Voting in America…
The United States of America is a democracy. All citizens vote in elections to elect public officials, approve or disapprove taxes, and a wide range of other issues, depending upon the state in which the voter resides. Except that all citizens cannot vote. Historically, people of color were denied the right to vote, or even register to vote, for centuries.
Registering to vote in Mississippi in 1964 was most often impossible if you were black. Black citizens had to pass a literacy test and pay poll taxes in order to register and vote. The literacy test used in Mississippi in 1964 is nearly impossible to pass or even understand. One part of the process was to copy a section from the Mississippi Constitution onto a paper, and then give “a reasonable interpretation” of that section. There were over 200 sections of the Mississippi constitution, and the registrar’s decision as to whether or not your interpretation was reasonable was final and not appealable.
Other examples from Louisiana and Alabama are even more onerous. Some examples from the Louisiana test are the following:
1. Draw a line around the number or letter of this sentence.
2. In the space below, write the word “noise” backwards and place a dot over what would be its second letter should it have been written forward.
3. Place a cross over the tenth letter in this line, a line under the first space in this sentence, and a circle around the last the in the second line of this sentence.
Not to be outdone, Alabama also had difficult, or impossible, literacy tests. Some examples are the following:
1. If election of the President becomes the duty of the U.S. House of Representatives and it fails to act, who becomes President and when?
2. How many states were required to approve the original Constitution in order for it to be in effect?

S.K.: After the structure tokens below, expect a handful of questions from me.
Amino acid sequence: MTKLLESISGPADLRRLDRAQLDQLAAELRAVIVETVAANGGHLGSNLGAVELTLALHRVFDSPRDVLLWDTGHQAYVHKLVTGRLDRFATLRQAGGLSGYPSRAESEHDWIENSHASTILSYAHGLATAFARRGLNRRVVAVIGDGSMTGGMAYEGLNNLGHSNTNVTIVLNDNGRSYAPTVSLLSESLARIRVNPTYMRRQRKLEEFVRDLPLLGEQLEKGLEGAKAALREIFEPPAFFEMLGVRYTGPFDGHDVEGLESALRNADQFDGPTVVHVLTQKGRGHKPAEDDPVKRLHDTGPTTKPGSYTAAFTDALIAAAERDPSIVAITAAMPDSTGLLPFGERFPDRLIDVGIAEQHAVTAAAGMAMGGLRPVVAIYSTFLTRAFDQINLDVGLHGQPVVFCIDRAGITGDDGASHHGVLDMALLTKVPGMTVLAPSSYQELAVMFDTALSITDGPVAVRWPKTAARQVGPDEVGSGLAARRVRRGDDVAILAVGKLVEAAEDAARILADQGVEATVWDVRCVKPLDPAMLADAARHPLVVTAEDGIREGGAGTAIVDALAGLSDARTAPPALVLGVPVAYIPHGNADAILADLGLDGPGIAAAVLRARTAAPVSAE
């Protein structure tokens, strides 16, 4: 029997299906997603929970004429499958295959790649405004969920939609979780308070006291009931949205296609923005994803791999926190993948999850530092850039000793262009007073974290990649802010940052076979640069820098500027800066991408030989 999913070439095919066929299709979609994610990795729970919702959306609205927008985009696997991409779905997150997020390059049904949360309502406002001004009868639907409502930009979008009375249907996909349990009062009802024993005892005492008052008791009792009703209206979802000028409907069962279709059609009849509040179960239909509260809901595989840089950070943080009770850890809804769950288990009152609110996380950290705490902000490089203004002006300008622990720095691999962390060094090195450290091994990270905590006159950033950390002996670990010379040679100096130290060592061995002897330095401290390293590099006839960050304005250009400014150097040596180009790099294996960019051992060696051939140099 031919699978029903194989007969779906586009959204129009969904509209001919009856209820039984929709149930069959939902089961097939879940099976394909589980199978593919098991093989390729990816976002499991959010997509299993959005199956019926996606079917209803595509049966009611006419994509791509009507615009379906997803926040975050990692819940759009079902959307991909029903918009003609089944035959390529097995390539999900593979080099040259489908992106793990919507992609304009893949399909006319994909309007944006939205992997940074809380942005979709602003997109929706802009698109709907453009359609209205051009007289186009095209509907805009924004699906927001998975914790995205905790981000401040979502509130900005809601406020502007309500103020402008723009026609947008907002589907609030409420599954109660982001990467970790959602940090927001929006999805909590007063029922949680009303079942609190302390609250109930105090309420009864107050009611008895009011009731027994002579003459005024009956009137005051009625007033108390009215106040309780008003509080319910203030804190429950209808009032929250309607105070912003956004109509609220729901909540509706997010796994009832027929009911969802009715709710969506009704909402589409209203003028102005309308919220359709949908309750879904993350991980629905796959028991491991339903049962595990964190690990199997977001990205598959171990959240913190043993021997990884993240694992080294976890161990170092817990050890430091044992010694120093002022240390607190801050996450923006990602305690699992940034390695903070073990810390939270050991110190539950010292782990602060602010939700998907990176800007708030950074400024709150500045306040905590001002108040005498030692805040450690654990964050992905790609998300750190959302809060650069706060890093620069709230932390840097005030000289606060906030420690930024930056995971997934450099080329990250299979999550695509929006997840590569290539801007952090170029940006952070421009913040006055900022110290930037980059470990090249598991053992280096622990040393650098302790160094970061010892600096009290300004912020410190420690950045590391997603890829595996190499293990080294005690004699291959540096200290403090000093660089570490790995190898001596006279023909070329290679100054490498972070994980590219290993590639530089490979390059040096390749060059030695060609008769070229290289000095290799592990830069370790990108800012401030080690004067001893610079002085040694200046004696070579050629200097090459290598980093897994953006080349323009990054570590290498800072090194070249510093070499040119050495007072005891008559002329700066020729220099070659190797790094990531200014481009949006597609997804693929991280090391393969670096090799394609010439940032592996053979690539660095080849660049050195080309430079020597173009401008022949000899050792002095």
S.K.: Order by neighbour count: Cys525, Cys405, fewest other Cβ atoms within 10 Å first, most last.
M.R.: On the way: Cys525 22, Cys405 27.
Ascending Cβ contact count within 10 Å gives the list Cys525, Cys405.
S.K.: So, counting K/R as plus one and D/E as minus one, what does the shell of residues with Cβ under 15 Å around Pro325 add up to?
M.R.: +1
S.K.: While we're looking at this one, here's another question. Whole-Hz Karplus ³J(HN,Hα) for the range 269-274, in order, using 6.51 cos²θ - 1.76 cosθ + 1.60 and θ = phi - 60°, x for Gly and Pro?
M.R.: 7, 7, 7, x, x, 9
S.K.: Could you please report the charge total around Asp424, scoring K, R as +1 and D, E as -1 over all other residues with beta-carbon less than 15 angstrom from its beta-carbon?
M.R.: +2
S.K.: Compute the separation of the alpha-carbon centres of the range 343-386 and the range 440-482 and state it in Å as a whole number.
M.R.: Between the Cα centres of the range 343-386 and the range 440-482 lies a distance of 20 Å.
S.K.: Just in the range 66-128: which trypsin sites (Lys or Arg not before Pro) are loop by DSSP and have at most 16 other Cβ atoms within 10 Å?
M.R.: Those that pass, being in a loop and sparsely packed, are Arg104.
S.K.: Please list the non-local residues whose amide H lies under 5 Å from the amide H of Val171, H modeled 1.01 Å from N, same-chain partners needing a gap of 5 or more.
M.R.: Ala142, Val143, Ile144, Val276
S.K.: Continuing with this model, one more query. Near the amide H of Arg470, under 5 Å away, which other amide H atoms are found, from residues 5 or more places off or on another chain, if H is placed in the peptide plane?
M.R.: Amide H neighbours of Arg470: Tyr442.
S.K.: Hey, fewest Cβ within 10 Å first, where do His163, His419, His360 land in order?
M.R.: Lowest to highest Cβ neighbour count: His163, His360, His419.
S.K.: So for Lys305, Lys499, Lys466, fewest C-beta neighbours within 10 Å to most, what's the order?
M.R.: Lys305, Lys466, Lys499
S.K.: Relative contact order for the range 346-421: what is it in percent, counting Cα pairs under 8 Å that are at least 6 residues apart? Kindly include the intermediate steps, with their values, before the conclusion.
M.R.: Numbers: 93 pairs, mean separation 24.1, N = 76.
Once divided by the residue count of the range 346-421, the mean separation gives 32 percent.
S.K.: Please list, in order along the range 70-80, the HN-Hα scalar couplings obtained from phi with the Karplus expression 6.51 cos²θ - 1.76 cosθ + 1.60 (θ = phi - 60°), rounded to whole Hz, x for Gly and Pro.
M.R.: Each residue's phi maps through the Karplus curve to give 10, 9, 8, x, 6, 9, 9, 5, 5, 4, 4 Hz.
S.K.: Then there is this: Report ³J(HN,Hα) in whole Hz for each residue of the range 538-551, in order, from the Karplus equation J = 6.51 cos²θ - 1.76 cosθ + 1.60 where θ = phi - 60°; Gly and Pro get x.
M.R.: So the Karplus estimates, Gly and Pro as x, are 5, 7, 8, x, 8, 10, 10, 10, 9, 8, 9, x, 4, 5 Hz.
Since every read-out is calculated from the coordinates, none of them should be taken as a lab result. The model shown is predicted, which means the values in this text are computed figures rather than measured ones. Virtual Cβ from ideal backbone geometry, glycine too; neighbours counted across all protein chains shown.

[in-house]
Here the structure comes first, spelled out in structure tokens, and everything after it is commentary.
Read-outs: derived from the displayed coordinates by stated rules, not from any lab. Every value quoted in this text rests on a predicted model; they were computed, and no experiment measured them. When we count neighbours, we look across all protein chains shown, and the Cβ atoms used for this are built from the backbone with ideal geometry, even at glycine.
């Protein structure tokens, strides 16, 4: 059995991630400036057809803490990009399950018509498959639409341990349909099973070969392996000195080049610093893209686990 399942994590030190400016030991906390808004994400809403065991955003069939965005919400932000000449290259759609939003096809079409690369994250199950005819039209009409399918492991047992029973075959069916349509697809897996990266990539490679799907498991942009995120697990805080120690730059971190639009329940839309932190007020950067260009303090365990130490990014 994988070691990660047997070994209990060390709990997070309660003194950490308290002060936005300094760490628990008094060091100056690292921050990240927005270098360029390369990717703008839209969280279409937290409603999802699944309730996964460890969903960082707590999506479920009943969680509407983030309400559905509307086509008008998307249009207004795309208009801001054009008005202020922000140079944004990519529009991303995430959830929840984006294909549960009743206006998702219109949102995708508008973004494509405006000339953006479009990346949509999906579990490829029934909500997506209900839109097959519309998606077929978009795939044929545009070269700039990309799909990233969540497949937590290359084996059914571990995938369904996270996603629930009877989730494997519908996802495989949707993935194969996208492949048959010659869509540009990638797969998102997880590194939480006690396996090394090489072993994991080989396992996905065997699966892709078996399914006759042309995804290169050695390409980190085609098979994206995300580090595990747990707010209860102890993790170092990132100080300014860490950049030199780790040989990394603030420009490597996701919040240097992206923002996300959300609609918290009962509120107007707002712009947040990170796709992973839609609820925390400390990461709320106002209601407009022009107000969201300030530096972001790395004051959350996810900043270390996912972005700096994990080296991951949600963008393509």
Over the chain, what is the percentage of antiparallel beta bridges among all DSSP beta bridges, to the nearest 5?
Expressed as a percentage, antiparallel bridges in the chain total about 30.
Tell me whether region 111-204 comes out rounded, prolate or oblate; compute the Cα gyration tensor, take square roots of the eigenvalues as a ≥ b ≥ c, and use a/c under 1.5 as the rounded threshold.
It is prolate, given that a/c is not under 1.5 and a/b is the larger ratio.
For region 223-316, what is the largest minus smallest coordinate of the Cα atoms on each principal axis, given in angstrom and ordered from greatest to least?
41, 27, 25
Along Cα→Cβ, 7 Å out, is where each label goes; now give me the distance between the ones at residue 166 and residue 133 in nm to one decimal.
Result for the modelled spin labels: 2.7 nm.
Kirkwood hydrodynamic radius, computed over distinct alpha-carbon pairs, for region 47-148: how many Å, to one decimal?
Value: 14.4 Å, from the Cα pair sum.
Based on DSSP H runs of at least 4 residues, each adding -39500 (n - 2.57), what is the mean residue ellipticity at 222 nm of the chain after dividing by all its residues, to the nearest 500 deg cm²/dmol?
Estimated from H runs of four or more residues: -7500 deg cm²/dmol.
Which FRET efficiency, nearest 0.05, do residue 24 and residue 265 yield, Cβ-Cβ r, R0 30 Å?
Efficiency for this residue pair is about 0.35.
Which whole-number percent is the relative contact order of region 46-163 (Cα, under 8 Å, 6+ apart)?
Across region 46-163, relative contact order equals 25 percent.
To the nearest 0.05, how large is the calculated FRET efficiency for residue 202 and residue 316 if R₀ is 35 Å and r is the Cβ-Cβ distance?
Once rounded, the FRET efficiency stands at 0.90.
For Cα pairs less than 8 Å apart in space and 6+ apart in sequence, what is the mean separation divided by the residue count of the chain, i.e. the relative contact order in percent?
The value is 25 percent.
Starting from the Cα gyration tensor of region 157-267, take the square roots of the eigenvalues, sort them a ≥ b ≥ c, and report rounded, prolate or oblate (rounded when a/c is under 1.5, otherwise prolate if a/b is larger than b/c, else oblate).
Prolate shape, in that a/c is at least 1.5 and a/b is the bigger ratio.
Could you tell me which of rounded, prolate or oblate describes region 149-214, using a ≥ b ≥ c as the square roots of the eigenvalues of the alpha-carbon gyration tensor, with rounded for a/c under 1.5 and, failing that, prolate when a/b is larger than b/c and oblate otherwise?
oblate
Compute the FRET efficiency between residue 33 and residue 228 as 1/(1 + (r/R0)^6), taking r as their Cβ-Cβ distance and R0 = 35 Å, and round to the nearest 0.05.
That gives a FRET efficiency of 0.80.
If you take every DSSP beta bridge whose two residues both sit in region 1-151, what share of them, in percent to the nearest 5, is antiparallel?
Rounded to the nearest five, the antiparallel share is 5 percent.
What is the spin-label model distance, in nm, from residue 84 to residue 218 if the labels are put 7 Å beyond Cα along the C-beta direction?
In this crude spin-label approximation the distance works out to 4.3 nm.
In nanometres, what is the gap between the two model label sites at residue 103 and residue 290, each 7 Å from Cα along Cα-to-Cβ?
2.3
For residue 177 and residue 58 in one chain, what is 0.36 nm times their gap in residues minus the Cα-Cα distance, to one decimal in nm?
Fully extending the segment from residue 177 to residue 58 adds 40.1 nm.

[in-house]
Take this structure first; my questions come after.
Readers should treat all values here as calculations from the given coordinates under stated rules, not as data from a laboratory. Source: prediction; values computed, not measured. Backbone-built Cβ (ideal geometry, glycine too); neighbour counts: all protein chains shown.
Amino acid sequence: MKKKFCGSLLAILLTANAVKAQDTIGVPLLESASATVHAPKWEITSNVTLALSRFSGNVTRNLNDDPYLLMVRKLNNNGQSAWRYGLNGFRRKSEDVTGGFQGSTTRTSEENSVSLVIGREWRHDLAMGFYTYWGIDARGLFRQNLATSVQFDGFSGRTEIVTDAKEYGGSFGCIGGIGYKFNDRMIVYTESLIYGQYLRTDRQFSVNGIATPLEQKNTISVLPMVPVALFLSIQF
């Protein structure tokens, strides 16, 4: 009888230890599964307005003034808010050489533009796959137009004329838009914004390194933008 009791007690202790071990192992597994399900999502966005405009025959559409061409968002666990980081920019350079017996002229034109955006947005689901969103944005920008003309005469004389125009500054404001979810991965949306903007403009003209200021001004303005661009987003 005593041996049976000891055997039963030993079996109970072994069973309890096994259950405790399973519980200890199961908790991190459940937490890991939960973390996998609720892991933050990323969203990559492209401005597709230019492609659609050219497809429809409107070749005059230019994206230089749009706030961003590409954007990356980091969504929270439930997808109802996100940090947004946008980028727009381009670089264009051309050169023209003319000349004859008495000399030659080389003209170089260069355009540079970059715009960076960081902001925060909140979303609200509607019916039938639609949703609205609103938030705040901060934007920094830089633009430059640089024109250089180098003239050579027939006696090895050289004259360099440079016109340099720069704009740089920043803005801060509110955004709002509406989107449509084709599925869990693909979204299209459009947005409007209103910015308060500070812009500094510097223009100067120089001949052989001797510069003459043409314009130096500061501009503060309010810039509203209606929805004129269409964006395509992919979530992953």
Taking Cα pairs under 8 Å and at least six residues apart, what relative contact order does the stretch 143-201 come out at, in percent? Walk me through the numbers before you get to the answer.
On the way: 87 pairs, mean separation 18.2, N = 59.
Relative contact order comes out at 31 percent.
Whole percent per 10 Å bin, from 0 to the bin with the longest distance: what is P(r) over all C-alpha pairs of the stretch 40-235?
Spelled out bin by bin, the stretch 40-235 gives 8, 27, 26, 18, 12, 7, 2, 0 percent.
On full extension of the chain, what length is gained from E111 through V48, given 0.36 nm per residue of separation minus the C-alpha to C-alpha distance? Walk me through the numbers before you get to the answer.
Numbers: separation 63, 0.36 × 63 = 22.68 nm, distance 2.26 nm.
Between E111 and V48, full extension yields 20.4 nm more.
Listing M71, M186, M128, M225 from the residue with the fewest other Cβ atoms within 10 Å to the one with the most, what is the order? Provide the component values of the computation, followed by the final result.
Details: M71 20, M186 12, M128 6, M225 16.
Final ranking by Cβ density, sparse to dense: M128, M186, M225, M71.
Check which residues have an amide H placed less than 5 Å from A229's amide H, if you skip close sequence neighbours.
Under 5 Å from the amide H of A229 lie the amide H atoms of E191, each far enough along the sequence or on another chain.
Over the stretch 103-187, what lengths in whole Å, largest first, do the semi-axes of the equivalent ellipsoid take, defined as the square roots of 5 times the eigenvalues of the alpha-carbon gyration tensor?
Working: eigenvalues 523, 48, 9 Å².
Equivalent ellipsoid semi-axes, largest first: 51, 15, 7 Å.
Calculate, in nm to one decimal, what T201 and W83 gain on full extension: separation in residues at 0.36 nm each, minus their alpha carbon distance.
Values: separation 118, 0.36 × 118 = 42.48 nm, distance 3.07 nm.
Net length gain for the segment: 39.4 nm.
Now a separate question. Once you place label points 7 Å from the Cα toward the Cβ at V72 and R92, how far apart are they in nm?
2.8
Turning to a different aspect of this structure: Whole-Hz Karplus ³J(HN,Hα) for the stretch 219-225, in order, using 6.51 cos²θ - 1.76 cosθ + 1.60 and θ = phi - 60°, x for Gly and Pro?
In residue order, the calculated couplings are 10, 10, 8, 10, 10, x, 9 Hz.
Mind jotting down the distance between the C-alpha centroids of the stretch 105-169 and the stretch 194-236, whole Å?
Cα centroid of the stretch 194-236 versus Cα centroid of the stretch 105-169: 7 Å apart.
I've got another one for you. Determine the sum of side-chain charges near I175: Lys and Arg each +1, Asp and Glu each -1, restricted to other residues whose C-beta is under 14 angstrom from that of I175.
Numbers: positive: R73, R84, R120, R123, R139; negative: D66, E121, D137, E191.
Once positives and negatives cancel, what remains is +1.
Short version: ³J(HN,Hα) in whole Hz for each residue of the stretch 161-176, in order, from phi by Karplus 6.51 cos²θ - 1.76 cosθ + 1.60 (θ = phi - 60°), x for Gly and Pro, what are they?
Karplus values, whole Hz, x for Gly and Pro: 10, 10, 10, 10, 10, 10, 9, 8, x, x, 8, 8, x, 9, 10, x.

3. If it were proposed to join Alabama and Mississippi to form one state, what groups would have to vote in order for this to be done?
In addition to passing these tests in order to become a registered voter, that voter also had to pay a “poll tax” in order to be able to cast a vote. When I was trying to register black voters in Mississippi in 1964, a farmer showed me his twenty-year collection of poll tax receipts. He told me, “If I am ever able to register to vote, I have all my poll tax receipts.” [Prickett, C. (2015). Remembering Mississippi Freedom Summer. Wordrunner Press, Petaluma, California.]
The purpose of these tests was to keep black citizens from registering to vote and voting. In spite of these barriers, black citizens tried again and again to register to vote. The 1965 Voting Rights Act stopped those practices.
Present Day Voting Barriers
If these laws and practices regulating voting in these southern states in the 1960s seems hard to imagine, here are some of the efforts to impose additional barriers to voting today.
- Setting voter registration deadlines far in advance of an election, ending same day registration. Florida did this.
- Requiring a photo ID, which disproportionately affects minority, handicapped, and elderly voters. Texas and many other states did this. In Indiana, twelve retired nuns were denied the right to vote [Editorial (May 6, 2008) “Voting Rights? Nun for You!” New York Times].
- Purging voter rolls. Georgia removed 98,000 persons from voter registration rolls (Boudreau, Abbie; Bronstein, Scott (October 26, 2008) CNN), if they had not voted recently.
- A felony conviction prevents a person from voting in many states. Some states and European countries allow incarcerated persons to vote. Even though incarcerated, these people still have a stake in our society.
- In many states, gerrymandering of voting districts are the norm rather than the exception. This practice dilutes the vote of citizens in those districts, which are drawn so minority votes are less significant than in the rest of the state. This is a slap in the face to “One Person, One Vote”, a basic tenant of our democracy.